|Lately, we have had several inquiries for de-escalation training from businesses ranging from medical practices to tow truck companies. They’ve noticed an increase in aggressive and abusive patients and customers.|
Abusive and aggressive customers can be frightening, even when you know how to respond. These highly emotional people have a need that has not been recognized. You may want to reprimand them or even reject them when they express themselves inappropriately. That doesn’t solve their problem or help your brand reputation or potential long-term business relationships.
Some businesses are tempted to build a defensive fortress so that their frontline staff are protected from verbal attack. While having a high countertop between customers and staff can give some degree of protection, distressed customers or patients who display their distress in verbally aggressive ways are not usually a physical threat. They are highly emotional, and they need to be served.
|Why is it so difficult?|
When confronted by an upset person your fight/flight response is activated. Your whole body is primed in an instant to ensure your survival. You have an instinctive choice to fight back or run away. Your rational brain shuts down while your emotional brain takes over. There is little time for careful thinking when you are under this verbal attack. In extremely rare instances you may need to flee if there is a real physical threat but mostly you need to calm down and serve the person who is upset.
|What can you do?|
Three things to help you calm down and de-escalate the situation.Breathe. Taking deep breaths helps to slow you down and will also help the other person get a sense of your calm. In these emotional situations things move fast. Slowing down can help change that.Name your feelings to yourself. You are having a reaction and unless you want to be driven by your own reactive feelings you need to name them. To name them is to tame them.Reactivate your thinking brain which shuts down when you are in fight/flight mode by asking yourself a question which may be:“I wonder what other things in their life might be affecting this person that gets them to be so distressed?”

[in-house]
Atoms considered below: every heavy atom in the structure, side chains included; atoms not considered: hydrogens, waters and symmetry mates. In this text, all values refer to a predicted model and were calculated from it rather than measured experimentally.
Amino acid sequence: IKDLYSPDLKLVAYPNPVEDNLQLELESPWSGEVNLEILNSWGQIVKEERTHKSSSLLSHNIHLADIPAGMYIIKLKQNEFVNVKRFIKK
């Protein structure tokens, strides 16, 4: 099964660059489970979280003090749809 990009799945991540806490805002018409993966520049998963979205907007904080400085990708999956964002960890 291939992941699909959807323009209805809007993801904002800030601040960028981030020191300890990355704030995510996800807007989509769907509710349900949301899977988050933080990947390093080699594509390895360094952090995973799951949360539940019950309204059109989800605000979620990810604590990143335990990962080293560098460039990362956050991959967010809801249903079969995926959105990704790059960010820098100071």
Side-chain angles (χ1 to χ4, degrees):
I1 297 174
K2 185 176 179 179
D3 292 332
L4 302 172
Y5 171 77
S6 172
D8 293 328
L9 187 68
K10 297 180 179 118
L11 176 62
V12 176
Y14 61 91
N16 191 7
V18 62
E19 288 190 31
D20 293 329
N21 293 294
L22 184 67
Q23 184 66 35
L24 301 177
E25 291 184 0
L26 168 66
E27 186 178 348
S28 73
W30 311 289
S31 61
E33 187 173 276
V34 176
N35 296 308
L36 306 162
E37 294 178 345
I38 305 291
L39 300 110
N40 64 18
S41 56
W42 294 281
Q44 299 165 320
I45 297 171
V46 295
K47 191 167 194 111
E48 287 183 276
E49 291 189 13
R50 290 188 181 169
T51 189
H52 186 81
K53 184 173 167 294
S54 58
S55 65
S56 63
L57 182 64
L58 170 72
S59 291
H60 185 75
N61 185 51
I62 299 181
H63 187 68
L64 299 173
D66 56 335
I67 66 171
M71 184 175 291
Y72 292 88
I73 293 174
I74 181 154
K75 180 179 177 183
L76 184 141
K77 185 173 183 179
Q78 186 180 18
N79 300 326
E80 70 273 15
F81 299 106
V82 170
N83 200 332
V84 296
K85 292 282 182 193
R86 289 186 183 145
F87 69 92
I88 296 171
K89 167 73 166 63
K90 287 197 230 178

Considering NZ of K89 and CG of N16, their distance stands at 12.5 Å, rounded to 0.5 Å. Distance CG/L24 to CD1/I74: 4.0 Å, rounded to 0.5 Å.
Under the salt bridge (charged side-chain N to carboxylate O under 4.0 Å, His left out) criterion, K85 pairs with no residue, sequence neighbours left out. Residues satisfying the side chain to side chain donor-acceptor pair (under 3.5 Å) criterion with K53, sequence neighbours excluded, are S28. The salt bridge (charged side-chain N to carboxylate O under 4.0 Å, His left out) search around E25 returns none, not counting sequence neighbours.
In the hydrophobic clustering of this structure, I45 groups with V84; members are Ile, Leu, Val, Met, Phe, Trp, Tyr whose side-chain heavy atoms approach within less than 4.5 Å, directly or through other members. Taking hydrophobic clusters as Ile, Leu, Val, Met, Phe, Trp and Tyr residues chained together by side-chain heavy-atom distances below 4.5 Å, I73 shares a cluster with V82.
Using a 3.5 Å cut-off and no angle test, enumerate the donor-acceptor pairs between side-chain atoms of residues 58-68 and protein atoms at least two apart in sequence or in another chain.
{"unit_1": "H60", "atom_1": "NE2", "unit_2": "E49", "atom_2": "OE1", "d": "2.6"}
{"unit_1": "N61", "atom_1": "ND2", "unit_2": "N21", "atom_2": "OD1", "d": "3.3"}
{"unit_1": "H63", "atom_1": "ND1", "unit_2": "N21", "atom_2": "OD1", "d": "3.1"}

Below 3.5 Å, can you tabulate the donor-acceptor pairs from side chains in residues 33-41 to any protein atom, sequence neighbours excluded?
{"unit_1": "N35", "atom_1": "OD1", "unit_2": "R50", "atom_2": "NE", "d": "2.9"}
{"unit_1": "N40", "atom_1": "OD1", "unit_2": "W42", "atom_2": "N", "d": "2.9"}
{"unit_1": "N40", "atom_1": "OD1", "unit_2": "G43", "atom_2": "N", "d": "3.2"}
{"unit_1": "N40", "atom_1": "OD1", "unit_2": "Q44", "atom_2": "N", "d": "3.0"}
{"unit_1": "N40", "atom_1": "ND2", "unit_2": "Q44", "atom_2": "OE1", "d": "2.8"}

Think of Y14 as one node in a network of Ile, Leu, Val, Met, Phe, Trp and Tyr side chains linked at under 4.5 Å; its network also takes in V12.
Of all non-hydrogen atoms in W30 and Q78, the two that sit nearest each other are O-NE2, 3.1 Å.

This will help activate your thinking brain and expand your appreciation of their difficulties and give you a better chance of showing them empathy.
As you calm yourself down you will be better able respond to the person in front of you and acknowledge their distress. This is very simple but not easy. To acknowledge their feelings is probably THE most powerful thing you can do that will help them calm down. In a low, slow, calm voice, without judgement, acknowledge their feelings.
|This is at the heart of the training that we do at Thriving Under Fire. We have many examples of people reporting how this works so well when they do it. De-escalation training reduces stress for everyone, saves management time dealing with conflict and lessens the need for expensive front office renovations.|
These same skills work with highly distressed workmates as well as highly emotional moments at home or in other areas of your life.
|Stay safe and be kind – to yourself and others.|
P.S. We can offer this training online for those who are unable to attend a workshop. (Next Wellington workshop Wednesdays 20th & 27th October) Get in touch if you want. Call me on 027 246 0411 to chat about how we can help your situation.
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